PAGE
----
In this sense, the calm represents a gateway for the factions to re-legitimize themselves politically. This is necessary in an area where there has been a declared "open season" on them. This is a crucial stage, which only those who are able to make the necessary transformations will overcome. But this gate will not open unless these factions' relationship with the Palestinian Authority changes.

The calm will continue and turn into a truce if the opportunity is presented to these factions to enter and participate in the Palestinian political system. It is not true that these factions are the ones opposing entering the system. It is the exclusion of the factions from this system in the past that has prevented them from participating.

Of course, there are benefits in maintaining the status quo for those who are part of the system. And no doubt, if benefits for those outside the system are not achieved, they will not join. The "calm" has been granted Abu Mazen because the factions sensed through their mutual dialogue that there is an opportunity to become a partner rather than a subordinate in a Palestinian political system, thereby to achieve a vital part of their legitimate political aims. From this aspect, the calm can be considered a positive sign toward removing the impasse from which the political system has been suffering since the signing of the Oslo Accords.

Based on the aforementioned, maintaining this calm needs internal and practical Palestinian steps to reassure the factions that their participation in the political system is truly possible. It must also be reiterated that their exclusion from this partnership is a main and direct reason for the tension both internally and with Israel. Therefore this state of exclusion must end and the process of including these factions in the political system must be facilitated.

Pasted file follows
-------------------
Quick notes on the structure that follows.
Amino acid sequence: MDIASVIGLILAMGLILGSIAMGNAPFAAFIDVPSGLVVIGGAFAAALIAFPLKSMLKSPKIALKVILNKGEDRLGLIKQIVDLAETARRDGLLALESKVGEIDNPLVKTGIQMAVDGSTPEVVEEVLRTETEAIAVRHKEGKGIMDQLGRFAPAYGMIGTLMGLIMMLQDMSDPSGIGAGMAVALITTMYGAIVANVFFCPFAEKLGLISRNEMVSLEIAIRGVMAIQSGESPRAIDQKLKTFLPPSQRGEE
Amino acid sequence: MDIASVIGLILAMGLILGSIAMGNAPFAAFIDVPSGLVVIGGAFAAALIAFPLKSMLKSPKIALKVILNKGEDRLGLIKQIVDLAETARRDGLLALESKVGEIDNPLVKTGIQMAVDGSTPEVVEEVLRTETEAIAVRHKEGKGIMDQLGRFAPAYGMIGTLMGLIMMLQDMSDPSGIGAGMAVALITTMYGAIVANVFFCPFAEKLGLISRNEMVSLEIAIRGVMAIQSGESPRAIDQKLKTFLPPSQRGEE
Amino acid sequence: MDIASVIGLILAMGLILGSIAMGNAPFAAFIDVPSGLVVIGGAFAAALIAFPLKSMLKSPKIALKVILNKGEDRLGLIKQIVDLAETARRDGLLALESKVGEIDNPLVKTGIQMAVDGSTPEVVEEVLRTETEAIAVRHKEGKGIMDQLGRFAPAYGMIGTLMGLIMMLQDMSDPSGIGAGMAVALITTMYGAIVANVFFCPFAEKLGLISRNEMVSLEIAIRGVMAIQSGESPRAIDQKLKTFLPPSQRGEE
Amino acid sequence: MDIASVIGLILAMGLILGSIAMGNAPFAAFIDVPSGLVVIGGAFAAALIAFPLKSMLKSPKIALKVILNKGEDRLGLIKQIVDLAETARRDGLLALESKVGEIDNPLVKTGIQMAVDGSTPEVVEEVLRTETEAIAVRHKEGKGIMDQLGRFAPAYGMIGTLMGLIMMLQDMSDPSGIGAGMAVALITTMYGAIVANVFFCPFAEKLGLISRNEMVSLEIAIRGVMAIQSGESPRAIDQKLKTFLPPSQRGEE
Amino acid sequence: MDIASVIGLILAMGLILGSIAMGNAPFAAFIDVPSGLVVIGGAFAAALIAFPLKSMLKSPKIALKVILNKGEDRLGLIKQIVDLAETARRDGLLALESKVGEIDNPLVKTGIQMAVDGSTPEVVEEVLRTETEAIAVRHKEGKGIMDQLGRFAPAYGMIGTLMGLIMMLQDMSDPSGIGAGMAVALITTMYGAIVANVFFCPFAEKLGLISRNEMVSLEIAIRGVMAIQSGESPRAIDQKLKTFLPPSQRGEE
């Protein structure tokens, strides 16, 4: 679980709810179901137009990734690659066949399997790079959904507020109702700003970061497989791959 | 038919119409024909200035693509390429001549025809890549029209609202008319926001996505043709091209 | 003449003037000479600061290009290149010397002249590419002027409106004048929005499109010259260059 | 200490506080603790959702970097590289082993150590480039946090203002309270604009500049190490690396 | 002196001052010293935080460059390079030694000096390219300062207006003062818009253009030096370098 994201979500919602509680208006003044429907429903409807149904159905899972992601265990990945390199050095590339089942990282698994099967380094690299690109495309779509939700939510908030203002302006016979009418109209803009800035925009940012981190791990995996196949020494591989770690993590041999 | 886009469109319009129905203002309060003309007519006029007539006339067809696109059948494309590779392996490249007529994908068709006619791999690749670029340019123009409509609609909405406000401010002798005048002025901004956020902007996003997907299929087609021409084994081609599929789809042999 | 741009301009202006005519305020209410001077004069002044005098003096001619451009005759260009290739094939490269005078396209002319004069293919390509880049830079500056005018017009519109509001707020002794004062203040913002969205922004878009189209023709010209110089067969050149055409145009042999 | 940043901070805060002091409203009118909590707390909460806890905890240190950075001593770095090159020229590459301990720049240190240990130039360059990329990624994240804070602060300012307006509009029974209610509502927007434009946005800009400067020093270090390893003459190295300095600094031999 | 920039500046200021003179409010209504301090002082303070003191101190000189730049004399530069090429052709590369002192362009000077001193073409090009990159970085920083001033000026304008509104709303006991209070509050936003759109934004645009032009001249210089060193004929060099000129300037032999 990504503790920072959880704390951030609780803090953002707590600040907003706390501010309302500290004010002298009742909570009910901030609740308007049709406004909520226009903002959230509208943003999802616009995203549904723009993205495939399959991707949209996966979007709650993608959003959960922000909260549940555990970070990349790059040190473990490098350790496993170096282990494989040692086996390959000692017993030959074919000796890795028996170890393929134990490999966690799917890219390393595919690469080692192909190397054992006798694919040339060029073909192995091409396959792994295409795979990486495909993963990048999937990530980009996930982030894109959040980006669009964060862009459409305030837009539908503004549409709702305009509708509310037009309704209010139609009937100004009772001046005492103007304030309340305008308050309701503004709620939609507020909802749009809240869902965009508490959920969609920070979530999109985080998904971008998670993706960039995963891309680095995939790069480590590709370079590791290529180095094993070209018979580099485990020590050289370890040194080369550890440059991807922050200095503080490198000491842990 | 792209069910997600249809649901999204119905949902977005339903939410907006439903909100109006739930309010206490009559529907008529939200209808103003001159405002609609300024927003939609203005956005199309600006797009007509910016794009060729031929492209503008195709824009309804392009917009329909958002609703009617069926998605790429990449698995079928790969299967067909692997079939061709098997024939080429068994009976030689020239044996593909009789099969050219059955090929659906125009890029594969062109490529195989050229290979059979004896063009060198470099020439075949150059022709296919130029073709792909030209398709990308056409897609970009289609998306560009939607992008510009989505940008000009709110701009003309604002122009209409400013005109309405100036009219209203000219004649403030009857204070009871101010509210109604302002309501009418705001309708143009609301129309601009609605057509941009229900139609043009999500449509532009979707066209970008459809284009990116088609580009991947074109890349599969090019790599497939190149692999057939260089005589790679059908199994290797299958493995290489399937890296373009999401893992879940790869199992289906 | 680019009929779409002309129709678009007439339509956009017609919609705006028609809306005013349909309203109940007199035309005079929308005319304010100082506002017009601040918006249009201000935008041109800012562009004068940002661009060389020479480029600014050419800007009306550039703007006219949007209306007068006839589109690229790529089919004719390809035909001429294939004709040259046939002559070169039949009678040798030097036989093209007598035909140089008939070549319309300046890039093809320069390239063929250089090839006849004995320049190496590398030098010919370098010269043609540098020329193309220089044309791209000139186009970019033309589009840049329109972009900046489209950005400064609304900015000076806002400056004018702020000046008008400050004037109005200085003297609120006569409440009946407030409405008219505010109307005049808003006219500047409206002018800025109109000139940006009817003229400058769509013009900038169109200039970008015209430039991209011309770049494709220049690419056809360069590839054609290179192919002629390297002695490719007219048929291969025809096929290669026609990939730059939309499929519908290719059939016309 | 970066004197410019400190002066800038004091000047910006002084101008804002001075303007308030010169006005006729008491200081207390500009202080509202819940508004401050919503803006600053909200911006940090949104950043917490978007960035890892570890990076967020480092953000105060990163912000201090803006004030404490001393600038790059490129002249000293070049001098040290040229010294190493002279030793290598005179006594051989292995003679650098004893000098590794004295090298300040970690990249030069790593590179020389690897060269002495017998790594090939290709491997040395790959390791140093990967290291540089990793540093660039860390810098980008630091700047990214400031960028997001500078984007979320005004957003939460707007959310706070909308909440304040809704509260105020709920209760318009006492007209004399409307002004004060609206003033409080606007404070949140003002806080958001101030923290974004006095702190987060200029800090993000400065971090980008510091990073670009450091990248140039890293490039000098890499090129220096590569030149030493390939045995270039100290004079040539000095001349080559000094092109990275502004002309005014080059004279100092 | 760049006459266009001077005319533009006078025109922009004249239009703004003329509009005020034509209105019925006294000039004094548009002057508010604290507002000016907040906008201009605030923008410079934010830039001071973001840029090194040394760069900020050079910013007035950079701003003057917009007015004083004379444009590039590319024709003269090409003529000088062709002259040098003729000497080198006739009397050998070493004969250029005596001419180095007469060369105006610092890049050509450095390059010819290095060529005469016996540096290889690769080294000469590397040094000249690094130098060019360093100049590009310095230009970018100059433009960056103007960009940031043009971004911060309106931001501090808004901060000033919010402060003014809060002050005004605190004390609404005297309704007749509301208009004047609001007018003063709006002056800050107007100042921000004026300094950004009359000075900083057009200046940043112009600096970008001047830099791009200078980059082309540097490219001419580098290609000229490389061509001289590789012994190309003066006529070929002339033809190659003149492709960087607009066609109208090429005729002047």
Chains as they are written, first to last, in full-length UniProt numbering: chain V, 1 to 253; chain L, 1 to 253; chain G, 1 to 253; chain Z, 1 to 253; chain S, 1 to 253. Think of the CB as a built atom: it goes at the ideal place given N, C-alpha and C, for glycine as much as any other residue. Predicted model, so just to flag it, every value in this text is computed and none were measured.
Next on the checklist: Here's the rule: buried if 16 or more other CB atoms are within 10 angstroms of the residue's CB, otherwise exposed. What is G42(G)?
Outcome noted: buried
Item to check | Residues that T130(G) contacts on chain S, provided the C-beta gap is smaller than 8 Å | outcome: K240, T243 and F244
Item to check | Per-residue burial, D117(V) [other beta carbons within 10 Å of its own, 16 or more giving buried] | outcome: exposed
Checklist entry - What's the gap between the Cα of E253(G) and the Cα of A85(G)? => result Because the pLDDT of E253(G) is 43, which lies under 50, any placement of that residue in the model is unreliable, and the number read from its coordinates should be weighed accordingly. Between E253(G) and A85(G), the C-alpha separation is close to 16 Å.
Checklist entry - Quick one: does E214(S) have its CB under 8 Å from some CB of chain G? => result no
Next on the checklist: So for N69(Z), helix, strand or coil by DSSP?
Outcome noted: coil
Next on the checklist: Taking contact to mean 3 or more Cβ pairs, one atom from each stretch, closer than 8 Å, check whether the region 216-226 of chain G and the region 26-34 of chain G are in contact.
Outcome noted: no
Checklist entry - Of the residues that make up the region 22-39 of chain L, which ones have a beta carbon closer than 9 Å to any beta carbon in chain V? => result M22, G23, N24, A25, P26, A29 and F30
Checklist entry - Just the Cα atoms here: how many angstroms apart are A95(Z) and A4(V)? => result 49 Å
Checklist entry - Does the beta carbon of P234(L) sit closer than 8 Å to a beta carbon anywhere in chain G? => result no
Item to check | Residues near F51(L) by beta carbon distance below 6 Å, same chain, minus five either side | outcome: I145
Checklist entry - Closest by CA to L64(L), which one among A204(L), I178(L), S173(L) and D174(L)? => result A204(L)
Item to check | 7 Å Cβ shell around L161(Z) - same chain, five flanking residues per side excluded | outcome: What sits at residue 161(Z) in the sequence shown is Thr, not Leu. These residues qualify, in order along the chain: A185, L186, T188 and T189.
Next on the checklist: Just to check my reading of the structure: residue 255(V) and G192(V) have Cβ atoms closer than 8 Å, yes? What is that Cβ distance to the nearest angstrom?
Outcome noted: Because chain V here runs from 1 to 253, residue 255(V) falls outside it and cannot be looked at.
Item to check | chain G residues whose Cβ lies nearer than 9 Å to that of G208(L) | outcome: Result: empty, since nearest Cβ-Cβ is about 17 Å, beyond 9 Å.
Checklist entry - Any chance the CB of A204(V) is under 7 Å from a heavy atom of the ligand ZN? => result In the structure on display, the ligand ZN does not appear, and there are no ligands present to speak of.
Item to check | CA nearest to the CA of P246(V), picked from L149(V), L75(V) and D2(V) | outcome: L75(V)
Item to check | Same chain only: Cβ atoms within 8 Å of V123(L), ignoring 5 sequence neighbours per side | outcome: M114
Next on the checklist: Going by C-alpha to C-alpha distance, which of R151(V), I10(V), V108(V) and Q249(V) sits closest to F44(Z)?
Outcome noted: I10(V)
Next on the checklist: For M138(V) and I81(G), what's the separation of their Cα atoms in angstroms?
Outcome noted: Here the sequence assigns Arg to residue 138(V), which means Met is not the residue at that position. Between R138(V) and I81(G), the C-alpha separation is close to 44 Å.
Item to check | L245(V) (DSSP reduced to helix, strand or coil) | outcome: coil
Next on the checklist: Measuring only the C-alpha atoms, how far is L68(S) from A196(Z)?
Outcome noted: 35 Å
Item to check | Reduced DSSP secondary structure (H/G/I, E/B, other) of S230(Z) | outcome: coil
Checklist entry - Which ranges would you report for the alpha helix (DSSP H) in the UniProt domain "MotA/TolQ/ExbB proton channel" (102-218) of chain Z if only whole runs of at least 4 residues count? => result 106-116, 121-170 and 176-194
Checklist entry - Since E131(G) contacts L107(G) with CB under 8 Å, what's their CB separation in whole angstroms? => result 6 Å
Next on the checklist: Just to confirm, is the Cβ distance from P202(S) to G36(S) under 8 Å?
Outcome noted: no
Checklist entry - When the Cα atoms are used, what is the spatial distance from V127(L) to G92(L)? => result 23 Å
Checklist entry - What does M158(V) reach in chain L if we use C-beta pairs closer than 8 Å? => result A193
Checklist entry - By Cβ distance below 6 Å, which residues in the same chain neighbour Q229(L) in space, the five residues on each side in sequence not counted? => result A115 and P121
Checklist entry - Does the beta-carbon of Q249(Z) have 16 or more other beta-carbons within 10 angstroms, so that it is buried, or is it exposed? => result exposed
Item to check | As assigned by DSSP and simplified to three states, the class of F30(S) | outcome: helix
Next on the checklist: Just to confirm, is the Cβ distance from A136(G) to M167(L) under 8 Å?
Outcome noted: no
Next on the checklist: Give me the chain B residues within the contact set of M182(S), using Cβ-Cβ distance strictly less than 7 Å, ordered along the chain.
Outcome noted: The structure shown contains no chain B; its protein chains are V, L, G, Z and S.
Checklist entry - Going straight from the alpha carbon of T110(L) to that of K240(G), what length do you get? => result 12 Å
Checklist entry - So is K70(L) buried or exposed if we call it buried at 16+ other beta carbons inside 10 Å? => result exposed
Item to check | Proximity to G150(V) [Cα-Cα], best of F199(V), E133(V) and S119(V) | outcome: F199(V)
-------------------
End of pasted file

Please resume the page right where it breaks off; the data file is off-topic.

Conducting local and legislative elections that are free, honest and credible is one of the most important steps in ensuring the entrance of these factions into the Palestinian political system. Hence, PA officials should do whatever is necessary to get the Legislative Council Elections Law approved and ensure that PLC elections are conducted according to their scheduled date, July 2005, in addition to completing local council elections. These elections will allow the factions to participate in the PA, not only at the level of rights and authority but also in terms of assuming duties and responsibilities.

Israel and the United States must understand this. If they are interested in long-term calm and not just a limited period, they must contribute to the transformation process. In this regard, Israel must commit to complete reciprocity in terms of the calm. It is unacceptable that Israel carries out violations on a daily basis, even it they are less egregious than previous major aggressions. That is assuming, of course, that the Israeli goal is not to maintain the current level of tension.

Also, Israel must begin to carry out the obligations required of it in order to seriously move forward toward a political settlement. It is not acceptable that pressure continues on the Palestinians while settlements, the wall and land confiscations continue apace. As for the United States, it must lead a political settlement process more effectively and more honestly. It must also change its negative attitude toward the Palestinian resistance factions.- Published 7/3/2005 (c) bitterlemons.org

Ali Jarbawi is a professor of political science at Birzeit University.

Israel's Sharm expectations were never realized
by David Bedein

As a journalist, I covered the Sharm al-Sheikh summit on February 9, 2005.

Avi Pazner, acting in his capacity as press spokesman for the prime minister of Israel, was very clear at the summit when he declared that "Sharon and Abbas will not sign anything". Gideon Meir, acting in the capacity of spokesman of the Israel Ministry of Foreign Affairs, reiterated throughout the day that "there will be no ceasefire proclaimed here today".

Israeli government officials were adamant in saying that the condition for any such ceasefire would be for Abbas to dissolve terrorist organizations, to collect all their weapons, and to arrest any and all wanted terrorists.